We hypothesized that TIM-4–expressing phagocytic cells engulf activated, apoptotic T cells during the course of an immune response, and thereby regulate the number of Ag-specific T cells that persist after Ag activation. To model the in vivo function of TIM-4, we used a modification of an in vitro system described by Hawkins et al. (23), in which the number of anti-CD3–activated T cells could be accurately followed in cultures containing TIM-4–expressing phagocytic cells (TIM-4–transfected 3T3 cells). After a slight decrease in T cell numbers during the first 36 h of culture (Fig. 4A), the number of T cells in cultures containing control 3T3 cells increased logarithmically from 48 to 90 h of culture, whereas the number of T cells in cultures containing TIM-4–transfected 3T3 cells did not increase significantly. At 90 h, the number of T cells in cultures with 3T3–TIM-4 cells was only 60% of that in the 3T3-vector control cultures (Fig. 4A). The reduced T cell number in the cultures with TIM-4–transfected 3T3 cells was not due to reduced T cell proliferation, because CFSE plots showed that the number of T cell divisions was equivalent to that in control cultures at every time point (Fig. 4B and data not shown). Furthermore, the cultures containing TIM-4–transfected 3T3 cells had far fewer apoptotic T cells (Fig. 4C), providing further evidence that the 3T3–TIM-4–expressing cells engulfed and cleared PtdSer-expressing cells.
Apoptotic T cells were generated by activating CD4+ T cells with anti-CD3 and anti-CD28 mAb for 9 d. These apoptotic T cells were avidly engulfed by TIM-4–3T3, but not control 3T3 cells. This phagocytosis was blocked with TIM-4 mAb 21H12, but not control mAb (Fig. 4D), demonstrating that T cells expressing PtdSer are engulfed, and this process is mediated by TIM-4. Together, these experiments provide strong evidence that TIM-4–expressing cells are able to reduce the number of activated T cells, and support the idea that TIM-4–expressing phagocytic cells can regulate the number of Ag-specific T cells by removing PtdSer-expressing apoptotic and activated T cells.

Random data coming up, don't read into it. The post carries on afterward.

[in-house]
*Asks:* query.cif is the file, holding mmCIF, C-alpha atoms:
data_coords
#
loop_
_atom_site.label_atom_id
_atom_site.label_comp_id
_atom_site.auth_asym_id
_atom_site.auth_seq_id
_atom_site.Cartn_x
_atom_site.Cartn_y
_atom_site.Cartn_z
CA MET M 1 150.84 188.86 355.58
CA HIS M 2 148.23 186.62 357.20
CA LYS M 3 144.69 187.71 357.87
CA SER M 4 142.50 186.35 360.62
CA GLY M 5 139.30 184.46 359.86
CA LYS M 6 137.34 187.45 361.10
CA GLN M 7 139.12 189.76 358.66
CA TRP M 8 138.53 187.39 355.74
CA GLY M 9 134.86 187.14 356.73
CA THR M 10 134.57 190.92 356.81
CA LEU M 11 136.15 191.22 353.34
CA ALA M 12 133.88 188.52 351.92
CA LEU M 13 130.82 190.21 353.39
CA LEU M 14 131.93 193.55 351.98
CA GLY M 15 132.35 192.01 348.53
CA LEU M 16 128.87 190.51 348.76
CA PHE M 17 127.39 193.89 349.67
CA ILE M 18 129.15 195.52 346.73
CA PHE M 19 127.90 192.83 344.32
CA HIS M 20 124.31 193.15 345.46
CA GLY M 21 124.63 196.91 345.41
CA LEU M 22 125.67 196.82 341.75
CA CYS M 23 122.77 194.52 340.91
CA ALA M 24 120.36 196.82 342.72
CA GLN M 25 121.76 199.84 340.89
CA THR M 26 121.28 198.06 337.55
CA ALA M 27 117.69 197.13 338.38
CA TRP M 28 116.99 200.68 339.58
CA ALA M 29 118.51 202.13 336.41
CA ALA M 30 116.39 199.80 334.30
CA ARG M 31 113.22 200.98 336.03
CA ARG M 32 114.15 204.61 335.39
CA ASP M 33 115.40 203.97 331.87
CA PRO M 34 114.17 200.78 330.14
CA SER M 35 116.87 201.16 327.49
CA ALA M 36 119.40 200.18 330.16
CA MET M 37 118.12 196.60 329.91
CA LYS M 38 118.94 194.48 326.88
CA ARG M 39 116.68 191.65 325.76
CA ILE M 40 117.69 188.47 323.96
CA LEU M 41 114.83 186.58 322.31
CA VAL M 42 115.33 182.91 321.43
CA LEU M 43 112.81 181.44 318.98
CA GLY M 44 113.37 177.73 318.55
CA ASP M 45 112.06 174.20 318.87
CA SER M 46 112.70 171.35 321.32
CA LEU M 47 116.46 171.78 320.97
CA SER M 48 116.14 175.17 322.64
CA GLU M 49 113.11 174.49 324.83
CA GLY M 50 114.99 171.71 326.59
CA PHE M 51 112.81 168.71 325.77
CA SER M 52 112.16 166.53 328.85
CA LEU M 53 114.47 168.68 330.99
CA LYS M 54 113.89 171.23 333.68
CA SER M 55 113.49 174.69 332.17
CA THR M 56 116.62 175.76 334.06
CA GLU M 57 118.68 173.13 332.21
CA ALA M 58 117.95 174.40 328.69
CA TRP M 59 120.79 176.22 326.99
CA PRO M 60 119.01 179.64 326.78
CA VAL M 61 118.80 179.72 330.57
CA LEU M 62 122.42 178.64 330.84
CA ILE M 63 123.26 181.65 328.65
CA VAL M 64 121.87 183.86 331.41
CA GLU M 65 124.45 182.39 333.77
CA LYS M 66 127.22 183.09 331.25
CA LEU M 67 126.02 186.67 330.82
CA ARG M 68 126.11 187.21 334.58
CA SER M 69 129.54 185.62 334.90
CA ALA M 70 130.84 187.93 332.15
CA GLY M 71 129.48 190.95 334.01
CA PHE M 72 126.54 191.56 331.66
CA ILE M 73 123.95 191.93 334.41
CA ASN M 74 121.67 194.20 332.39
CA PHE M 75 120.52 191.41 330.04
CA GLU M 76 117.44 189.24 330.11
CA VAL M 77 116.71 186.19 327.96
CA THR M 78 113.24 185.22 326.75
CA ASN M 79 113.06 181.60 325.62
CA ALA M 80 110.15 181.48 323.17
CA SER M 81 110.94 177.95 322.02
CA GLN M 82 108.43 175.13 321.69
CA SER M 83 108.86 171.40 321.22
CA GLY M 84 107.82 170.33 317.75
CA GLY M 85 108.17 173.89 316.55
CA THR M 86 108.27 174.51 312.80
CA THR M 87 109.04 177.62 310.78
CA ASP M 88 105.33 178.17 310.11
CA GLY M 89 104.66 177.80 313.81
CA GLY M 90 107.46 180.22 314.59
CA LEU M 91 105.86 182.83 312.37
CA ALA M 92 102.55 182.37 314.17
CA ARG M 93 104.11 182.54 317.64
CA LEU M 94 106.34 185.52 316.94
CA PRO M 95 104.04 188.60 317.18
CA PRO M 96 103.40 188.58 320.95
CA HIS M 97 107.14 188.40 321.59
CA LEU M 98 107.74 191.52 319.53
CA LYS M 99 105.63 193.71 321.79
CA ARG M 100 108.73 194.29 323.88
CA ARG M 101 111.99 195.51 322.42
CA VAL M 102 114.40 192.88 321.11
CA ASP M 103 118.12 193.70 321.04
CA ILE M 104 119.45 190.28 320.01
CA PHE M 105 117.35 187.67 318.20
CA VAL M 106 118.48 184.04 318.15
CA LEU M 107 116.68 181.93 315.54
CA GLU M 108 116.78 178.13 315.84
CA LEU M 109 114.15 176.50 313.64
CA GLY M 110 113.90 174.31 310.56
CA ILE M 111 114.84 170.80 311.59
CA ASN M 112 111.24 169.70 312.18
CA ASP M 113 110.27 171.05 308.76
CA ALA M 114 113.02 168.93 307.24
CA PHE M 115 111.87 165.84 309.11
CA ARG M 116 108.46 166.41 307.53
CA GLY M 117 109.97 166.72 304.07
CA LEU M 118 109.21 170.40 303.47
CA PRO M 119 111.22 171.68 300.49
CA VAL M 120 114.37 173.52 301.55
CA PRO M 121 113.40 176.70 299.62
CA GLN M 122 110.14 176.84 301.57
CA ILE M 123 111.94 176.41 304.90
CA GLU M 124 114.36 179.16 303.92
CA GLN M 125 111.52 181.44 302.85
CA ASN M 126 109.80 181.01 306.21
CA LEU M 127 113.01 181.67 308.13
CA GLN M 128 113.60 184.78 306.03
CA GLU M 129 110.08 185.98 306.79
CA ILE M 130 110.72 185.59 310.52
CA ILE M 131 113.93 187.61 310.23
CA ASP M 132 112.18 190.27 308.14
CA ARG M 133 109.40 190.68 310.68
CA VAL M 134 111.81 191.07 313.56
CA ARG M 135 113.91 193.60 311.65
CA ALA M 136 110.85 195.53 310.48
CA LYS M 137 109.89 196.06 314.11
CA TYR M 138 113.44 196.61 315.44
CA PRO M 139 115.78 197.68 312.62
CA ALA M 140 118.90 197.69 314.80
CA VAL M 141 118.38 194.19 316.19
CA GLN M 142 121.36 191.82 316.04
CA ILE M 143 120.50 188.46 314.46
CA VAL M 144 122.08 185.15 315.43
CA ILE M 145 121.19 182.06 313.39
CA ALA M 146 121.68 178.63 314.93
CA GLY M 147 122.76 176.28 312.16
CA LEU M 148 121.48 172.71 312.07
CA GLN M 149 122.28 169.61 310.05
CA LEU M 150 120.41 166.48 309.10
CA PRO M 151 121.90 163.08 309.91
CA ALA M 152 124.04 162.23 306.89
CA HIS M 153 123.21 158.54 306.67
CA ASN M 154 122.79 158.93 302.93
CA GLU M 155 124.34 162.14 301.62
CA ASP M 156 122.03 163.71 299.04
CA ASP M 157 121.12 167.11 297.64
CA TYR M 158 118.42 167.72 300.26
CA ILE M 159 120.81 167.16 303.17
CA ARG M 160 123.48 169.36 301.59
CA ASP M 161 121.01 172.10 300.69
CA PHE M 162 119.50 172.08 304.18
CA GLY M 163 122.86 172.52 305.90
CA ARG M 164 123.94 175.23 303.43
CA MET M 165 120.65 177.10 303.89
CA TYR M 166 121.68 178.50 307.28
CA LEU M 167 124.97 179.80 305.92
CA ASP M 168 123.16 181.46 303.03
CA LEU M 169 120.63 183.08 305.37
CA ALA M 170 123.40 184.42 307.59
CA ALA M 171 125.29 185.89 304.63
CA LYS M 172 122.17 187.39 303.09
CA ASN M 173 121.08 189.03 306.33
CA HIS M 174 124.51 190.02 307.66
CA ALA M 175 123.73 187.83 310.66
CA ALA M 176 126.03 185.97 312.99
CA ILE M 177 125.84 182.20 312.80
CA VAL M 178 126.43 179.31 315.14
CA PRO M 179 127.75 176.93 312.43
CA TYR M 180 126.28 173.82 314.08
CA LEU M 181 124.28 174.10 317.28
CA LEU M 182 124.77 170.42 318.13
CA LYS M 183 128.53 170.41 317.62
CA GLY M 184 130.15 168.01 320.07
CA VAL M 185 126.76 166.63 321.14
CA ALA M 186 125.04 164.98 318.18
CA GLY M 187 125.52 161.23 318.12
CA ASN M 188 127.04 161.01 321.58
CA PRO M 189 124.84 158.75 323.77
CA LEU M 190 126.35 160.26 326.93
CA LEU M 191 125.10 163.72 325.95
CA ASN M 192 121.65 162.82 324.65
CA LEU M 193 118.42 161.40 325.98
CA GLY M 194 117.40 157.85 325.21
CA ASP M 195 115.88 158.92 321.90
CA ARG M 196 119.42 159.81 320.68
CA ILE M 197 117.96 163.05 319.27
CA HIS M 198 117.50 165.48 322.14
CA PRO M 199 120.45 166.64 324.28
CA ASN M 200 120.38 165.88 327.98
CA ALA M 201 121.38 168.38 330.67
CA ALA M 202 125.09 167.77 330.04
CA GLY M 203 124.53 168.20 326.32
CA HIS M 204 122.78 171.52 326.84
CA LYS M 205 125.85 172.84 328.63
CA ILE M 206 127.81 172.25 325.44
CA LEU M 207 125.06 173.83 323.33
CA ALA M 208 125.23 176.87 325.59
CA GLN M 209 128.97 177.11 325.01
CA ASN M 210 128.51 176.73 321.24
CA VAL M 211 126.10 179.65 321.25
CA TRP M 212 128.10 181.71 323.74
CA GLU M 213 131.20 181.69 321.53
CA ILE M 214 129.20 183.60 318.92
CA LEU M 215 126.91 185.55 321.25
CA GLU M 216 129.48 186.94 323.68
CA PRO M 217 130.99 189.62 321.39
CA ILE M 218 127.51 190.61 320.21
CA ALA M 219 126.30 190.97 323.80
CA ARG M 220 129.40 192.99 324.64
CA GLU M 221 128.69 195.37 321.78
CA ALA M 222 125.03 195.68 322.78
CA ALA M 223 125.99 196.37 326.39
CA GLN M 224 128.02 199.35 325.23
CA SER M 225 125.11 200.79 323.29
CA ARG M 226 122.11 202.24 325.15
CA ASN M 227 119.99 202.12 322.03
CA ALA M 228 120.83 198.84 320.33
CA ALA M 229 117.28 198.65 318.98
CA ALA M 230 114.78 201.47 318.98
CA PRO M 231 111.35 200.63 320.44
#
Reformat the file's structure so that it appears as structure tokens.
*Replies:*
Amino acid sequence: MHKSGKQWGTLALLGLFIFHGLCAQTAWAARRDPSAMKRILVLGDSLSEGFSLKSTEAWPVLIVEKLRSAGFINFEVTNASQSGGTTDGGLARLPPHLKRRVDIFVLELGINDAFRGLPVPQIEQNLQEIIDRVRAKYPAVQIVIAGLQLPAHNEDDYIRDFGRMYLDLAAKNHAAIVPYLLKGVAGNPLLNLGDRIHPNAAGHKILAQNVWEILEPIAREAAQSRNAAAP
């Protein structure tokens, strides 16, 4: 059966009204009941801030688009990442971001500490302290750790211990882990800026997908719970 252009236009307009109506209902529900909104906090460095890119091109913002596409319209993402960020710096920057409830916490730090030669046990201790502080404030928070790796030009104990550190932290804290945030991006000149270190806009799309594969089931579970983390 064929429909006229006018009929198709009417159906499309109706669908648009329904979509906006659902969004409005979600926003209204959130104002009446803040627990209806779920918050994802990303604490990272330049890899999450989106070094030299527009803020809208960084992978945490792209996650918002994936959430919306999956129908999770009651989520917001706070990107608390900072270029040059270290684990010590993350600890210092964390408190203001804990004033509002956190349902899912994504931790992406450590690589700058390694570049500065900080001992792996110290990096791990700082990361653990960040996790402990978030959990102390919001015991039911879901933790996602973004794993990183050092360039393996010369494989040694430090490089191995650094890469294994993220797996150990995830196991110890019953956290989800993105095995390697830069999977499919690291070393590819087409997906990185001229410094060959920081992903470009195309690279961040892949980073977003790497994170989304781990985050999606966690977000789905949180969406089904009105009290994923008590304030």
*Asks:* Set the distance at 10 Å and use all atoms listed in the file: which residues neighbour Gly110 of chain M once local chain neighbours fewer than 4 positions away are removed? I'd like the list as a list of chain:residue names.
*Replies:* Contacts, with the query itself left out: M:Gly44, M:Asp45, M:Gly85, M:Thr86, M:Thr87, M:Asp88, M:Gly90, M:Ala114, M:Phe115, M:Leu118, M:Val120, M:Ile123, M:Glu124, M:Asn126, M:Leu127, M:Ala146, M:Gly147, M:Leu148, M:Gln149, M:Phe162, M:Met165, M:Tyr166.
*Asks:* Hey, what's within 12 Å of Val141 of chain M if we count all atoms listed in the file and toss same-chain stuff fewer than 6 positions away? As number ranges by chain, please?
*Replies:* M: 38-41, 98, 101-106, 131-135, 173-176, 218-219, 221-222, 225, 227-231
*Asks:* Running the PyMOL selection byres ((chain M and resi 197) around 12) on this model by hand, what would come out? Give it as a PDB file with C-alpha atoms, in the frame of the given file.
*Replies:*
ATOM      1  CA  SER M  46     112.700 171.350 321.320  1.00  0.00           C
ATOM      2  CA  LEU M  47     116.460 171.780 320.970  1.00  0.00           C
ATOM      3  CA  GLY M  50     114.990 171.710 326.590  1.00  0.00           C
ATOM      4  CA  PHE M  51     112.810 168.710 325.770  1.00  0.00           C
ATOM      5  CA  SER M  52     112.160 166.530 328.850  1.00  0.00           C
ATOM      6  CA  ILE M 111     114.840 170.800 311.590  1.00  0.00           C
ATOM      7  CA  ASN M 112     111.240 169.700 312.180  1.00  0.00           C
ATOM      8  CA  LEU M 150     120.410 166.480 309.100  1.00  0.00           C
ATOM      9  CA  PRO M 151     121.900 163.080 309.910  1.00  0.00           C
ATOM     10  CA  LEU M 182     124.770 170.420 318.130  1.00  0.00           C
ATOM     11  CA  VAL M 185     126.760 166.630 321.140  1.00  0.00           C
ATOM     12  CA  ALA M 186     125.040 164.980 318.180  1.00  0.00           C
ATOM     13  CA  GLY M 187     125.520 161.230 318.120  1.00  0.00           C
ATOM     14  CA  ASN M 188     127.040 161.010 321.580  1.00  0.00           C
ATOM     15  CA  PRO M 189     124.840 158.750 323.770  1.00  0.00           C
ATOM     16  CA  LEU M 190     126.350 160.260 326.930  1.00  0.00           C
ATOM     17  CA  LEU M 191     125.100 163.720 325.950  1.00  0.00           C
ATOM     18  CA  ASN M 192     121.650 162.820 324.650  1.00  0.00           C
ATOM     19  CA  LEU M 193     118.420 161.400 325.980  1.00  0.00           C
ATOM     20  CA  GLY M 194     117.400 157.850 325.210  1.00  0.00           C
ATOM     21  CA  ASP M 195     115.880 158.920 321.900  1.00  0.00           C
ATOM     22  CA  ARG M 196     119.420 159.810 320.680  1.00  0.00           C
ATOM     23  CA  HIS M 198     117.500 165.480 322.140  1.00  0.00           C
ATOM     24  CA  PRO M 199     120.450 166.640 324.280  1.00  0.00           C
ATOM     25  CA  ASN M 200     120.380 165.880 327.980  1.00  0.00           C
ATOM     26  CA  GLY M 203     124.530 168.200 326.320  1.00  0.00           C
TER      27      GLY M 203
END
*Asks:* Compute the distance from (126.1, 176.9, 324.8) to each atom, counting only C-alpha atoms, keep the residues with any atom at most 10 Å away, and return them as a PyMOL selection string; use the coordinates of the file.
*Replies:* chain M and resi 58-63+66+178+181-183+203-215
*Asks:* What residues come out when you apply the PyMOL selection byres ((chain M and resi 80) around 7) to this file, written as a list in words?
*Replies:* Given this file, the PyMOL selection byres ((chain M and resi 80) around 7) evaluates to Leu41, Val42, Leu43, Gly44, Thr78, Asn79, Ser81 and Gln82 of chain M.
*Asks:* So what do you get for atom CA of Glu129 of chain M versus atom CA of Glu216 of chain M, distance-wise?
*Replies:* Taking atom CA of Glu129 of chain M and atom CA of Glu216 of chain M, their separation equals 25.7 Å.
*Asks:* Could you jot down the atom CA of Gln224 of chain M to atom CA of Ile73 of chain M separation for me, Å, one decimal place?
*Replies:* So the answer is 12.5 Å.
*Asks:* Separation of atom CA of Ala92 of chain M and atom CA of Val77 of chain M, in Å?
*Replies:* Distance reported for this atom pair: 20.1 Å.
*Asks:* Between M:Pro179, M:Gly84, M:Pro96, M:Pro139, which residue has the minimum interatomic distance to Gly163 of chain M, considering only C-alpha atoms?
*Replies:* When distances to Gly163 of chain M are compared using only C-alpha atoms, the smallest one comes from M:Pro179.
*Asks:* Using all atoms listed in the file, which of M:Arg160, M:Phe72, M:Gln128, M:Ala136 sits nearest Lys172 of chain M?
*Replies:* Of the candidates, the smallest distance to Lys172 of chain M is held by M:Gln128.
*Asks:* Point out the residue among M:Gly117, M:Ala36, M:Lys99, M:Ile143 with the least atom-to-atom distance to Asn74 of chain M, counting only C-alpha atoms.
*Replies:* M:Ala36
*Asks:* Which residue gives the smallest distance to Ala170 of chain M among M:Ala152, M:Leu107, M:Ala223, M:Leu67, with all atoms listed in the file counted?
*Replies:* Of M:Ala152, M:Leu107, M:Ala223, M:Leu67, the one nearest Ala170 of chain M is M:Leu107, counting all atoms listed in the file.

To further examine the role of TIM-4 in immune responses, we generated TIM-4 Tg mice using a TIM-4 cDNA construct under control of the MHC class II I-Eα promoter. TIM-4 Tg mice developed normally and had similar lymphocyte populations to WT in spleen, lymph node, and thymus (Supplemental Fig. 2A). TIM-4 Tg mice expressed TIM-4 at higher levels on I-Ad+ populations including CD8a+ and CD8a− subsets of CD11c+ DCs, and CD19+ B cells (Supplemental Fig. 2B, 2C). Nine days after immunization of the TIM-4 Tg mice with OVA in IFA, in vitro proliferation of lymph node cells to OVA was significantly reduced compared with that of WT control mice (Fig. 5A). In addition, lymph node cells from the OVA-immunized TIM-4 Tg mice produced less IL-4 and IFN-γ compared with that of WT mice (Fig. 5A). Similar results were obtained using an additional TIM-4 Tg founder line. TIM-4 Tg mice also demonstrated significantly reduced responses compared with WT when immunized with OVA i.p. in a different adjuvant, alum (Supplemental Fig. 3A), indicating that TIM-4 Tg mice have decreased secondary T cell responses to Ag regardless of adjuvant or route of immunization. In addition, when lymph node cells were assayed 4 wk following immunization of mice with OVA in alum, T cells from TIM-4 Tg mice had reduced proliferative responses compared with WT (Supplemental Fig. 3B), suggesting that T cells from TIM-4 Tg mice have reduced memory responses.